of the motion. It will occur to them, therefore, as quite possible that this ball should be, and should have been from all eternity, in motion, provided there be, or ever have been in existence, an external power capable of moving it. Nay, their speculations on the probability of the

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case may be carried yet further. It is a principle of mechanics, that if motion be communicated, by impact or otherwise, to a mass in any other direction than through its centre of gravity, this mass, when left to itself, will have two motions, one a motion of translation, in which all its parts, including its centre of gravity partake in common-the other, a motion which will ultimately be a motion of rotation about a certain axis through its centre of gravity, in which only those parts of the body which are without this axis will partake. And it is a remarkable fact that these two motions of translation and rotation will be quite independent of one another, so that the motion of translation will be precisely the same as though the mass had been struck through its centre of gravity, and there had been no rotation, and the motion of rotation the same as though there had been no translation, the centre of gravity of the mass having been held at rest. Thus, were the mass a sphere, and had it been struck otherwise than through its centre, it would necessarily spin round one of its diameters, and at the same time move forward in a straight line, with a motion of translation. Also this spinning motion would be the same as if the axis about which it takes place had been kept at rest like that of a globe, and the motion of translation the same as though the ball had been struck through its centre, and had not therefore spun at all on its axis.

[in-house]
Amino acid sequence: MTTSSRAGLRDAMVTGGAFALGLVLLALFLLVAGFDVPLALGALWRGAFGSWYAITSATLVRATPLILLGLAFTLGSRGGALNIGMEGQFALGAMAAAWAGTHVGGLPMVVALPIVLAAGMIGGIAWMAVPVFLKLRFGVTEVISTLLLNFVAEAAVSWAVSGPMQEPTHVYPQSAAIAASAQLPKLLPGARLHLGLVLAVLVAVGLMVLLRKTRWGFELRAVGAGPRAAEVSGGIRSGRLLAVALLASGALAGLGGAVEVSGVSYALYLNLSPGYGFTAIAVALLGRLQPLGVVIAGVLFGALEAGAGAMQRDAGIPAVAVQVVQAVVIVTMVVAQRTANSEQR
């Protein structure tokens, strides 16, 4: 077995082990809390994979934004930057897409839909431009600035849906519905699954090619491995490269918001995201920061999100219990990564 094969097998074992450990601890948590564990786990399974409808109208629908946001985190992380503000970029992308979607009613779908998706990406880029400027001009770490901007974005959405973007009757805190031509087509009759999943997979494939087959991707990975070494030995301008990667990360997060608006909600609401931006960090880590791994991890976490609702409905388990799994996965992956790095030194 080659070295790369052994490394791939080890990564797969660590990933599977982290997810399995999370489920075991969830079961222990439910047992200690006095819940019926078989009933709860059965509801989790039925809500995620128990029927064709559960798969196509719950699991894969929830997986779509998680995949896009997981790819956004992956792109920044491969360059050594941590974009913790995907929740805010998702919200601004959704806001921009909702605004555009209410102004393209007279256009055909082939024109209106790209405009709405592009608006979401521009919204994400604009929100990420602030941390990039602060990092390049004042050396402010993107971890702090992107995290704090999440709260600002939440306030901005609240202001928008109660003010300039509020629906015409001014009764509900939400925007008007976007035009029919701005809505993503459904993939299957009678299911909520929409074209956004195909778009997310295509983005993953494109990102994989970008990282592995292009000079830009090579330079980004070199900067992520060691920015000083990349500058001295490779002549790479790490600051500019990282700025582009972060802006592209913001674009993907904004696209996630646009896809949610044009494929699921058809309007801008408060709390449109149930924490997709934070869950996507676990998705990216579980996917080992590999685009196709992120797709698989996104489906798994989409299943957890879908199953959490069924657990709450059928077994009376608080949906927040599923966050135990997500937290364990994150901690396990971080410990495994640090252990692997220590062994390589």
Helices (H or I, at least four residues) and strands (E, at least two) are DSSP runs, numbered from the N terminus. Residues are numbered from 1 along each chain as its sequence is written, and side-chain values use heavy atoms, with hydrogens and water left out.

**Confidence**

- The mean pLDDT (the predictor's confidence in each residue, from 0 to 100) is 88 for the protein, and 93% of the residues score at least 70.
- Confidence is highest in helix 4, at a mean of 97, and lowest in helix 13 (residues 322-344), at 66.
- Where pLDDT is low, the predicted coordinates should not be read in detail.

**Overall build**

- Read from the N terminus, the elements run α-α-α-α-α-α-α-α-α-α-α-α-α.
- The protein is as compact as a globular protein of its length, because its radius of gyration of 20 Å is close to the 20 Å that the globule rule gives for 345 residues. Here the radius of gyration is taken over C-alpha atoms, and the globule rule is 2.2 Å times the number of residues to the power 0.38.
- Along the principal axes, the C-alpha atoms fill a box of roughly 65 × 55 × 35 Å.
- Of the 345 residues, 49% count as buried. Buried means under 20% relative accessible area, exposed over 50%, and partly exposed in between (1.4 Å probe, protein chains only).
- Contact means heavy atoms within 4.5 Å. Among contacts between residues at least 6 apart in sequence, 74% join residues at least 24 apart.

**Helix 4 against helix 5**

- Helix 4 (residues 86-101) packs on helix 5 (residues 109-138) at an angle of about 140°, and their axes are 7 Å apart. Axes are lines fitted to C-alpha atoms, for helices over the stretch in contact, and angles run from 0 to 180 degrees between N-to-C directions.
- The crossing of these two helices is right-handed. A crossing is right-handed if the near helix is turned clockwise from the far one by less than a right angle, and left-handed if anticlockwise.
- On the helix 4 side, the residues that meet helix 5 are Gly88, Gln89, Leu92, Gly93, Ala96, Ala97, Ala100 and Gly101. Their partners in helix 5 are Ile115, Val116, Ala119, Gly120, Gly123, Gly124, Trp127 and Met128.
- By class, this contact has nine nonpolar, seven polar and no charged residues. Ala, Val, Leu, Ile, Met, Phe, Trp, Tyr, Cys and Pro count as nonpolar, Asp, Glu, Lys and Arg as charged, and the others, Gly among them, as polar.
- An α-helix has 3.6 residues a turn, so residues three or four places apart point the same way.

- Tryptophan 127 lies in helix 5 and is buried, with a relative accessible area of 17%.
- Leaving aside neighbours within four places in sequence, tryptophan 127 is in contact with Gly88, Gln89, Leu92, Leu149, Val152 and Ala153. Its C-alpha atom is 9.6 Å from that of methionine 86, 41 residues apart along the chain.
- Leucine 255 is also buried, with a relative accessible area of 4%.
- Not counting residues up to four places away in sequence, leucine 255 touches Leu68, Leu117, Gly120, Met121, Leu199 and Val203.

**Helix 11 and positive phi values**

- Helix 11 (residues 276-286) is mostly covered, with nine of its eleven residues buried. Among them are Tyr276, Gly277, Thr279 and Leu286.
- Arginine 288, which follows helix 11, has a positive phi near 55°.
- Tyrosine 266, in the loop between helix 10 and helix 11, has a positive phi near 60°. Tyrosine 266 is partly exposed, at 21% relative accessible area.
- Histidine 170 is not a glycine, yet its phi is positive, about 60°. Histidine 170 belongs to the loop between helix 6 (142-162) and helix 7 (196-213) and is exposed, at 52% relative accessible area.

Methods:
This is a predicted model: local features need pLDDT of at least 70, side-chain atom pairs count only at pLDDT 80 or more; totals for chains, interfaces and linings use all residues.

And all this is true, however slight the impulse which might be given to it.

To put this fact in a more striking light, let us suppose the force of gravity on the earth's surface for an instant to be destroyed, and let the reader be imagined to have constructed a sphere of clay, and having done so, to hold it up in his hand, and then to unloose his

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from it. It would immediately begin to spin upon one of its diameters, and to move onward through space with an uniform motion, which would never of its own accord alter its direction, or cease. There being no force of gravity to draw it downwards, had no force whatever been communicated to it when it was set free, it would have rested; but it will have been found impossible to set it free from the hand without communicating some motion to it, and it is an infinity of chances, that the direction of that motion shall not have been precisely through its centre; in which case there will, of necessity, have resulted a motion of translation, and one of rotation.

It is scarcely necessary to apply this illustration to the case now under our discussion: that the Hand by which the materials of our globe were brought together could have been withdrawn, and yet that mass left quiescent in space no one ventures to deny; but that it should move is the simpler case, and that the same Hand, when it had spread upon the face of the earth its glorious covering of green herbage, of flowers, and of forest-trees, and sent forth the cattle on a thousand hills, should then have imparted to it that impulse in space, whence should result the alternations of day and night for the repose of every living animal, and the periodical changes of heat and cold, whereby every variety of vegetable life should be made to bring forth its fruit in due season, is by far the more probable of the two suppositions. That this earth, then, which we know to exist, isolated in space,